People often ask me how I make and keep my cars looking like a show car. “What wax do you use?” is the question that comes up most often. Unfortunately, it’s not quite that simple. If you want the perfect shine, you have to do a little work, and you have to work to keep it maintained. If your car’s paint is relatively new and in excellent condition, show car detailing to get the perfect shine will be far less work than with a car that’s five or more years old with heavy oxidation, paint scratches and other paint correction problems. Car detailing continues to evolve and become more involved all the time especially that we are now using a car polisher.
The process I’m about to explain came from years of experimenting with dozens of car polish and car wax products to discover what car detailing products produced the best results. As it happens, I stumbled on this process quite by accident.
Simply fooling around in the garage, I applied a Carnauba wax over a paint sealant on my Guards Red Porsche 944 Turbo. When I pulled the car out of the garage into the bright sunlight, I could not believe my eyes. The finish was noticeably deeper, richer and more vibrant. The paint had taken on a new depth, like it had a clear-coat finish.
After a few years of trying the process on a few dozen cars, I concluded that it works on all car finishes that are in good condition, but has the most dramatic effect on dark colors. With the ability to achieve consistent results, I decided I would give the process a name, The Perfect Shine.
In all fairness, I was not the first to discover “layering” car wax products. Autoglym and Klasse both beat me to it with their two-step systems. However, I do believe I was the first to discover and document applying a pure Carnauba wax over a sealant for the deepest, darkest shine possible.
Six Perfect Shine Requirements
The perfect shine comes when your car’s paint finish is in good condition, free of surface contamination, polished, glazed, protected and waxed. Let’s look at each of these requirements individually.
Tip-Top Paint Condition
For the first 12 to 18 months of a new car’s life, the paint is relatively oxidation-free and in good condition. If you maintain your new car’s paint with regular washing and protection, oxidation will remain minimal, and cleaning the paint will be a minor task.
At a minimum, you should wash your car once a week. If you don’t have time to wash weekly, try Quick Detailing.
As you drive your car, debris from the road (i.e., tar, oil, bugs, etc.) will lodge itself on your car’s paint. The longer this debris is allowed to remain, the more difficult it is to remove. This is just one reason that regular washing is so important. While outside, your car will also collect other contamination.
It seems like birds, bugs and neighborhood kids have a natural attraction to beautiful cars. Regardless, these contaminants must be removed; you can’t wax over them and expect to get a show car finish.
The easy way to remove the contamination is clay bar detailing.
Polishing is necessary to remove minor blemishes, including surface scratches, swirl marks, pitted areas (minor road stone nicks) and scuffs. When polished, the paint finish will feel perfectly smooth. Your hand and polishing towel will literally glide over the surface.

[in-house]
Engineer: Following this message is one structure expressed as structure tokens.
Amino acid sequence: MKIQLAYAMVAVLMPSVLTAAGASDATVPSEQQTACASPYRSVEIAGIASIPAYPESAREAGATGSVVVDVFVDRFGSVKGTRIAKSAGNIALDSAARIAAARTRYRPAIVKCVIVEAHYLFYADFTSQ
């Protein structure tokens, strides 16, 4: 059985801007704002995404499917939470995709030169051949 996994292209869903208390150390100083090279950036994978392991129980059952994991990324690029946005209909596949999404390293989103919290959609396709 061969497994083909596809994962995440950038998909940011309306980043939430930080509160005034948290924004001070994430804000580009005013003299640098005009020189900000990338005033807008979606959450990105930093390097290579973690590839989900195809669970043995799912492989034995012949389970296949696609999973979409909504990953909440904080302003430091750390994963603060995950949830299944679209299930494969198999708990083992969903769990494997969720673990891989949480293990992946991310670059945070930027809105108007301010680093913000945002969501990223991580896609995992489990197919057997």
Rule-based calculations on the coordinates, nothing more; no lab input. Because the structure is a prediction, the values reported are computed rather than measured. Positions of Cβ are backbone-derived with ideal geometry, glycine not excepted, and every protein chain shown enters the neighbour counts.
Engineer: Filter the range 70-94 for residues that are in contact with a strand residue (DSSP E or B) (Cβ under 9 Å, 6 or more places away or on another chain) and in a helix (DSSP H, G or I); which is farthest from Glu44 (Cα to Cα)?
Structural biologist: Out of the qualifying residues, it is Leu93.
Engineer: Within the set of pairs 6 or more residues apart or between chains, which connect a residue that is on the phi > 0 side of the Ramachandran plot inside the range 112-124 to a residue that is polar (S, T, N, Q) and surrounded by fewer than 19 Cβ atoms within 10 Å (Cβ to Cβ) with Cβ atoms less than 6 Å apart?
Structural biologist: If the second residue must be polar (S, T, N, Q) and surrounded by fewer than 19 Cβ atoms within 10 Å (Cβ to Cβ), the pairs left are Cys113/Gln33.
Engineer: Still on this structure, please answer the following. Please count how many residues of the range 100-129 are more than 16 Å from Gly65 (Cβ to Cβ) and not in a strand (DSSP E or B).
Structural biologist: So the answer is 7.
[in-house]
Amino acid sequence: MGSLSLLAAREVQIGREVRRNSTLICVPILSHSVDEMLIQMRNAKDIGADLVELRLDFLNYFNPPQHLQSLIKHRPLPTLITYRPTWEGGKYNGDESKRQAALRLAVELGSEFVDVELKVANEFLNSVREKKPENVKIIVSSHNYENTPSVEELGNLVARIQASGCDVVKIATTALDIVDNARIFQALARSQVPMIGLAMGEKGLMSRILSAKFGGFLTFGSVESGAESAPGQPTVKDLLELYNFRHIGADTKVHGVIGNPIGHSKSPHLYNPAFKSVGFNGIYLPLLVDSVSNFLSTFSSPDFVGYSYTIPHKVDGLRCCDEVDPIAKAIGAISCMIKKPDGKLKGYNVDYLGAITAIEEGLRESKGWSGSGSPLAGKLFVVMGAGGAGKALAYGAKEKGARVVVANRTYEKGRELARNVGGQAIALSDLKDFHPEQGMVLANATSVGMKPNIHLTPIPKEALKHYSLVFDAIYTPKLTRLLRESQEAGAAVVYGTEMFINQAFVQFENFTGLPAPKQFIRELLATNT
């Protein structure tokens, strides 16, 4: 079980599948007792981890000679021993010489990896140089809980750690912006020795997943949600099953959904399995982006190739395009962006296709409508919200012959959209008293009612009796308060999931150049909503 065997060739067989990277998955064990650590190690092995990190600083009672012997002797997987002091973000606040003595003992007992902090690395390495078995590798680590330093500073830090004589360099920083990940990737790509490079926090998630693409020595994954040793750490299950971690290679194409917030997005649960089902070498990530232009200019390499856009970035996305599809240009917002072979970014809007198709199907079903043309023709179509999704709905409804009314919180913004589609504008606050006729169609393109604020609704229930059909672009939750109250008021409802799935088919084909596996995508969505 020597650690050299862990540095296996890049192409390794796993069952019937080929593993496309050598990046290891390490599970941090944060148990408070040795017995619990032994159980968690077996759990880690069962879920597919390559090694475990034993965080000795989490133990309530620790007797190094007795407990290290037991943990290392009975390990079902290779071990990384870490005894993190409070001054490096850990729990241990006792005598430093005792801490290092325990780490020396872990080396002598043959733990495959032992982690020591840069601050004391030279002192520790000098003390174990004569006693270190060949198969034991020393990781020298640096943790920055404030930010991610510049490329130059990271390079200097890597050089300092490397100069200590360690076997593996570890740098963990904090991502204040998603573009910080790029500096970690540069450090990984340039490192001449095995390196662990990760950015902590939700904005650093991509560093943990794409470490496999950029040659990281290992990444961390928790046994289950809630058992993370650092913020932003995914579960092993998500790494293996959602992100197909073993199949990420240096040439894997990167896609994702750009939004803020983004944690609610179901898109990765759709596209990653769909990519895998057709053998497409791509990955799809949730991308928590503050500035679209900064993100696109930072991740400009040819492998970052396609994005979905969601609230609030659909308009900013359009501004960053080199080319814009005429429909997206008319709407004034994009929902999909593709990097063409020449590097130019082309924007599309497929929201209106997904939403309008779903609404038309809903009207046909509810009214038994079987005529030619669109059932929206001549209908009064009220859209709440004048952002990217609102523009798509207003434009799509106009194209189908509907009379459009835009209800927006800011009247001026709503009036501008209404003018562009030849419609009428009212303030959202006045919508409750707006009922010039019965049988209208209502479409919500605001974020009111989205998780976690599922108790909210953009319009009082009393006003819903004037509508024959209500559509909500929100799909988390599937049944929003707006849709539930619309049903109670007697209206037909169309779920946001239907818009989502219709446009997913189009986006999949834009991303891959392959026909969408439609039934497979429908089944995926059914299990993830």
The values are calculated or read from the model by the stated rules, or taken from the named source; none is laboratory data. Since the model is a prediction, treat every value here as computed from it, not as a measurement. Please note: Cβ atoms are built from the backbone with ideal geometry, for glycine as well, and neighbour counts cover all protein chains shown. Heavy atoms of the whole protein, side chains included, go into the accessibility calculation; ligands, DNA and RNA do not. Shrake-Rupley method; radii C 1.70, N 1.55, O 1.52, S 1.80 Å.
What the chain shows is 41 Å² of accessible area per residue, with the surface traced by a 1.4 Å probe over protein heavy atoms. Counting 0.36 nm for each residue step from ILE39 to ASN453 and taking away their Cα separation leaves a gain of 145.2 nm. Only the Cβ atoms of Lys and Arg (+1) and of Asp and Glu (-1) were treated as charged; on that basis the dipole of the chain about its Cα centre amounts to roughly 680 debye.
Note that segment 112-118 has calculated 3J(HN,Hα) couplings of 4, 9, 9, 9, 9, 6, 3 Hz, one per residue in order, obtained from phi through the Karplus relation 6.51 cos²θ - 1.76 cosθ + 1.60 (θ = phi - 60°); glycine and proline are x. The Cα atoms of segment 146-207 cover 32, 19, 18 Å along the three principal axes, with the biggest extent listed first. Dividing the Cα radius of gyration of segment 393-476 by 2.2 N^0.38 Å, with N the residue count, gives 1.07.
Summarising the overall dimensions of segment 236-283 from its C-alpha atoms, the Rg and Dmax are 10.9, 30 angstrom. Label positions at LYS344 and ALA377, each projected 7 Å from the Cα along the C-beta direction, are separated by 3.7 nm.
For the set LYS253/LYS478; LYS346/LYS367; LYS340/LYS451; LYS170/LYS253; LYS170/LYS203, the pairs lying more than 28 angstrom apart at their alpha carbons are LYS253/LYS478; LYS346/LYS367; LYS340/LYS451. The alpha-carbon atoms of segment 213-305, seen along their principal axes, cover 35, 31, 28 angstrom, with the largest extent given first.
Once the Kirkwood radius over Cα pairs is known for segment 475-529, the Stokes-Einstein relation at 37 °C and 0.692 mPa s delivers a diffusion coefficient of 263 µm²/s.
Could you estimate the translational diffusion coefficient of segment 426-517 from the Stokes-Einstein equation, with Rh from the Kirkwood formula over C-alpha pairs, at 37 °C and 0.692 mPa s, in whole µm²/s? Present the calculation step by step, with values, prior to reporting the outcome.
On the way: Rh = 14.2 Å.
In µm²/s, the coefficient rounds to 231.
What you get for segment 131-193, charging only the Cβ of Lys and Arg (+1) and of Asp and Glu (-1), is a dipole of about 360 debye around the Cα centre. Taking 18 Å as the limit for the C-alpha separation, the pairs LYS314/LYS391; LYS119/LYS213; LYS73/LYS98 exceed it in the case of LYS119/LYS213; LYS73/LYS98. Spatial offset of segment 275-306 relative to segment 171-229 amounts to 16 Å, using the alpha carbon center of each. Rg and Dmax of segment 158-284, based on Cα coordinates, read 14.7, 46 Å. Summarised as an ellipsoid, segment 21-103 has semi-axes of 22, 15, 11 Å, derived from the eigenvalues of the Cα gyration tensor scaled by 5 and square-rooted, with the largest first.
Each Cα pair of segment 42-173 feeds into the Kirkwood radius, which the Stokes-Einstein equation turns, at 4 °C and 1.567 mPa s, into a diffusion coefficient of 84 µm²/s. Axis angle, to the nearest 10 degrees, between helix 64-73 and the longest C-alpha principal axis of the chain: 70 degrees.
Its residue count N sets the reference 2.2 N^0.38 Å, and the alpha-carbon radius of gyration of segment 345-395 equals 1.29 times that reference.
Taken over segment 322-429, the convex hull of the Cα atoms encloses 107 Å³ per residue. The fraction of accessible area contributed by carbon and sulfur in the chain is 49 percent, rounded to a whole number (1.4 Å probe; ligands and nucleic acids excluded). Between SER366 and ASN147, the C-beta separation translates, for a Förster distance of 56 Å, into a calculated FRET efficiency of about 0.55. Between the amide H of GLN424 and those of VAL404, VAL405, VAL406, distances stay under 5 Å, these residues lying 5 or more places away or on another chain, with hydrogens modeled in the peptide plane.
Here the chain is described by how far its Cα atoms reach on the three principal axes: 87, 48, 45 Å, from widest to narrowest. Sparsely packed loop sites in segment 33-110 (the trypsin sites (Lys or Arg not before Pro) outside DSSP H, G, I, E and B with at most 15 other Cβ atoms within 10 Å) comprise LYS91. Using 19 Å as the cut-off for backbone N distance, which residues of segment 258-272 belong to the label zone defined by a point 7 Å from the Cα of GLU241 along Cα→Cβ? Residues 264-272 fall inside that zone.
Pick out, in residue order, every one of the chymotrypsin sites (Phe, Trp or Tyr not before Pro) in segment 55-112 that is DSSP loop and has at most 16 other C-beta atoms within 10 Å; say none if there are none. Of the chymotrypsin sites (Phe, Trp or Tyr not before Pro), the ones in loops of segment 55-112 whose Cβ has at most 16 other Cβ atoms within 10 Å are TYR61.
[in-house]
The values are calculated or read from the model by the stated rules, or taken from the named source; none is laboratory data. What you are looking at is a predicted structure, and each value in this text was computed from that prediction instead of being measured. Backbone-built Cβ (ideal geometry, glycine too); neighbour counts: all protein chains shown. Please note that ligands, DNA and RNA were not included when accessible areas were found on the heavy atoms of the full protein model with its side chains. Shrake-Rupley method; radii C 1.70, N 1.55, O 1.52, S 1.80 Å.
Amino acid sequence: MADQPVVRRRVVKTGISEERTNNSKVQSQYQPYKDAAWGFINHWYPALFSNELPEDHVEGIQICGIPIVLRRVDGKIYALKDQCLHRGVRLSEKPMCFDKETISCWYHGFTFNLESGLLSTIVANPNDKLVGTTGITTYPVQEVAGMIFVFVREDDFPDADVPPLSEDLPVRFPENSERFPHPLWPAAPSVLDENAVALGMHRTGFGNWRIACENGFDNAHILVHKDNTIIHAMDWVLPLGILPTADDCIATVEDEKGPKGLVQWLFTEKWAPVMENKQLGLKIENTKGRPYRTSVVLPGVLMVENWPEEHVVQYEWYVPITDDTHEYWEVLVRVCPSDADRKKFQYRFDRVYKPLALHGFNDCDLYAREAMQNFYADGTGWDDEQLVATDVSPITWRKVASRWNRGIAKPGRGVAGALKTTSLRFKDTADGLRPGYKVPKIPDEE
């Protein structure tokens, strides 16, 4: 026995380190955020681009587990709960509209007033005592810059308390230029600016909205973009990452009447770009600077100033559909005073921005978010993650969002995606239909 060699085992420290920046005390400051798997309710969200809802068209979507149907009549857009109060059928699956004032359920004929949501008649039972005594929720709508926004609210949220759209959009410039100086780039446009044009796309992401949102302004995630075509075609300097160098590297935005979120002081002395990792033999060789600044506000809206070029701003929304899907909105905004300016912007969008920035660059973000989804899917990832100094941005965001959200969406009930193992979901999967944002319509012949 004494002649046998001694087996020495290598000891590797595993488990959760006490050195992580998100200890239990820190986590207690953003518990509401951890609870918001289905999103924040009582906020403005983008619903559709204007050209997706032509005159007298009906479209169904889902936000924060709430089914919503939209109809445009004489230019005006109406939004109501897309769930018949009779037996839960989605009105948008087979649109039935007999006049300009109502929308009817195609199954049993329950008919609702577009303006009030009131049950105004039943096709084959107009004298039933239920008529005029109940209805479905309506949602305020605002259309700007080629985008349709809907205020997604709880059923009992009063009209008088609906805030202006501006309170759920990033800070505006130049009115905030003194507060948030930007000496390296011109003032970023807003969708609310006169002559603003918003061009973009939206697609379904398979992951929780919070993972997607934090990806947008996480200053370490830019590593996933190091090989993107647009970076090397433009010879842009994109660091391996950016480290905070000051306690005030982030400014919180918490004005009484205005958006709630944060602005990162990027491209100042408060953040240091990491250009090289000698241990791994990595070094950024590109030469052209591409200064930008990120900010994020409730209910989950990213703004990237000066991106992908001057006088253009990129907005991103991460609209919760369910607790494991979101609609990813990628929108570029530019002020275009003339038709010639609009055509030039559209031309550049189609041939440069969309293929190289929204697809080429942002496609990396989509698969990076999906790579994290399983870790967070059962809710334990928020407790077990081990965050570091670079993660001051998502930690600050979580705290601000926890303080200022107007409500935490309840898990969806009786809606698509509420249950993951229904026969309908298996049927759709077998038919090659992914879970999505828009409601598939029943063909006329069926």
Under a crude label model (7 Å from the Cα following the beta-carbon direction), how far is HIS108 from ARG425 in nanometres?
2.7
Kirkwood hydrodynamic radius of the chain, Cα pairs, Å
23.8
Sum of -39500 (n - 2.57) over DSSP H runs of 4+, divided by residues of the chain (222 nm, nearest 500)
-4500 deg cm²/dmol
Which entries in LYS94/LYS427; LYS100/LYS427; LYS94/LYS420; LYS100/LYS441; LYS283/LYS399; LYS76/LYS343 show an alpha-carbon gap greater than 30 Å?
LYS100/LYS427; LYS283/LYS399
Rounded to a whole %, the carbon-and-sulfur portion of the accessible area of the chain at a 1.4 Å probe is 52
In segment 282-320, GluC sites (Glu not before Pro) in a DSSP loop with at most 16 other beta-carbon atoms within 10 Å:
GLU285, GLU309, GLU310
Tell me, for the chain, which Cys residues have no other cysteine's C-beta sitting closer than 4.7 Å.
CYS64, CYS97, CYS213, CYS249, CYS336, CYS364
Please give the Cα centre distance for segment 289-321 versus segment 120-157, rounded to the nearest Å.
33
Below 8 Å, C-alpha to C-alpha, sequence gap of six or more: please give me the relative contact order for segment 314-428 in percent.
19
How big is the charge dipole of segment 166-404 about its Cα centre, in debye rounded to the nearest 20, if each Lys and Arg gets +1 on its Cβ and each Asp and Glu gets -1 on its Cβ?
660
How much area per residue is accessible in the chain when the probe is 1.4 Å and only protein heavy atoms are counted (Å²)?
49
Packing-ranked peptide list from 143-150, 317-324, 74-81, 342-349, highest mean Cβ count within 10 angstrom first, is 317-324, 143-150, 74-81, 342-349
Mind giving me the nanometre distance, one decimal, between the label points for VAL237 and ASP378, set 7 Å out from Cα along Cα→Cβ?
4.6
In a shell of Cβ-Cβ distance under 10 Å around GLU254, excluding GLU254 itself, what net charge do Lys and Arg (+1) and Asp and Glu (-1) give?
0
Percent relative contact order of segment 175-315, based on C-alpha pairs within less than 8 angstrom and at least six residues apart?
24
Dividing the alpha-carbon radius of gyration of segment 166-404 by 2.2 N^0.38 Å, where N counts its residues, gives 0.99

Feeling a perfectly polished car is a stimulating experience for most car nuts. There’s nothing quite like the polished fenders of a curvaceous Porsche, Ferrari, Viper or Corvette.
Glaze is a term that’s grossly misused in detailing products. Glazes are paint treatments used to fill small surface scratches and swirl marks.
To a painter, glaze is the term used to describe the process of restoring full paint gloss. In The Perfect Shine, ultra-fine polishes are used to refine the paint finish to achieve or restore full gloss.
Paint is protected when it’s sealed from the elements. Synthetic paint sealants offer the best protection. They are easily five to ten times more durable (longer lasting) than Carnauba waxes.
They offer extended protection from the elements and create a super-slick surface. In The Perfect Shine process, the synthetic protection is an acrylic sealant called Klasse High Gloss Sealant Glaze.
In addition to providing excellent protection, Klasse Sealant Glaze also helps to hide or minimize the appearance of fine swirl marks. I have not found a polymer sealant that works in the Perfect Shine process. I will explain why later.
Waxing is the final step of The Perfect Shine. We’re not talking just any wax here; we’re talking about a pure, natural Carnauba, like P21S Carnauba Wax. Pure carnauba waxes don’t have cleaning properties or synthetic compounds added. They are made from a blend of carnauba waxes, beeswax and natural oils.
A quality show car wax gives paint depth and warmth. I know, I know, it sounds like we’re talking about a fine wine or something. Just don’t underestimate the value of a great show car wax when it comes to the final results of your car’s finish.
Now that you know the six requirements for The Perfect Shine, I’ll share with you my personal tips that keep my cars turning heads. The first thing to know is that I treat my toys differently than my daily driver.
It’s very difficult to maintain a perfect shine on a daily driver, unless you only drive it a mile or two a day. Show cars (toys) are easier, because their job is to stay beautiful. Find out the car polisher that can make your car shine.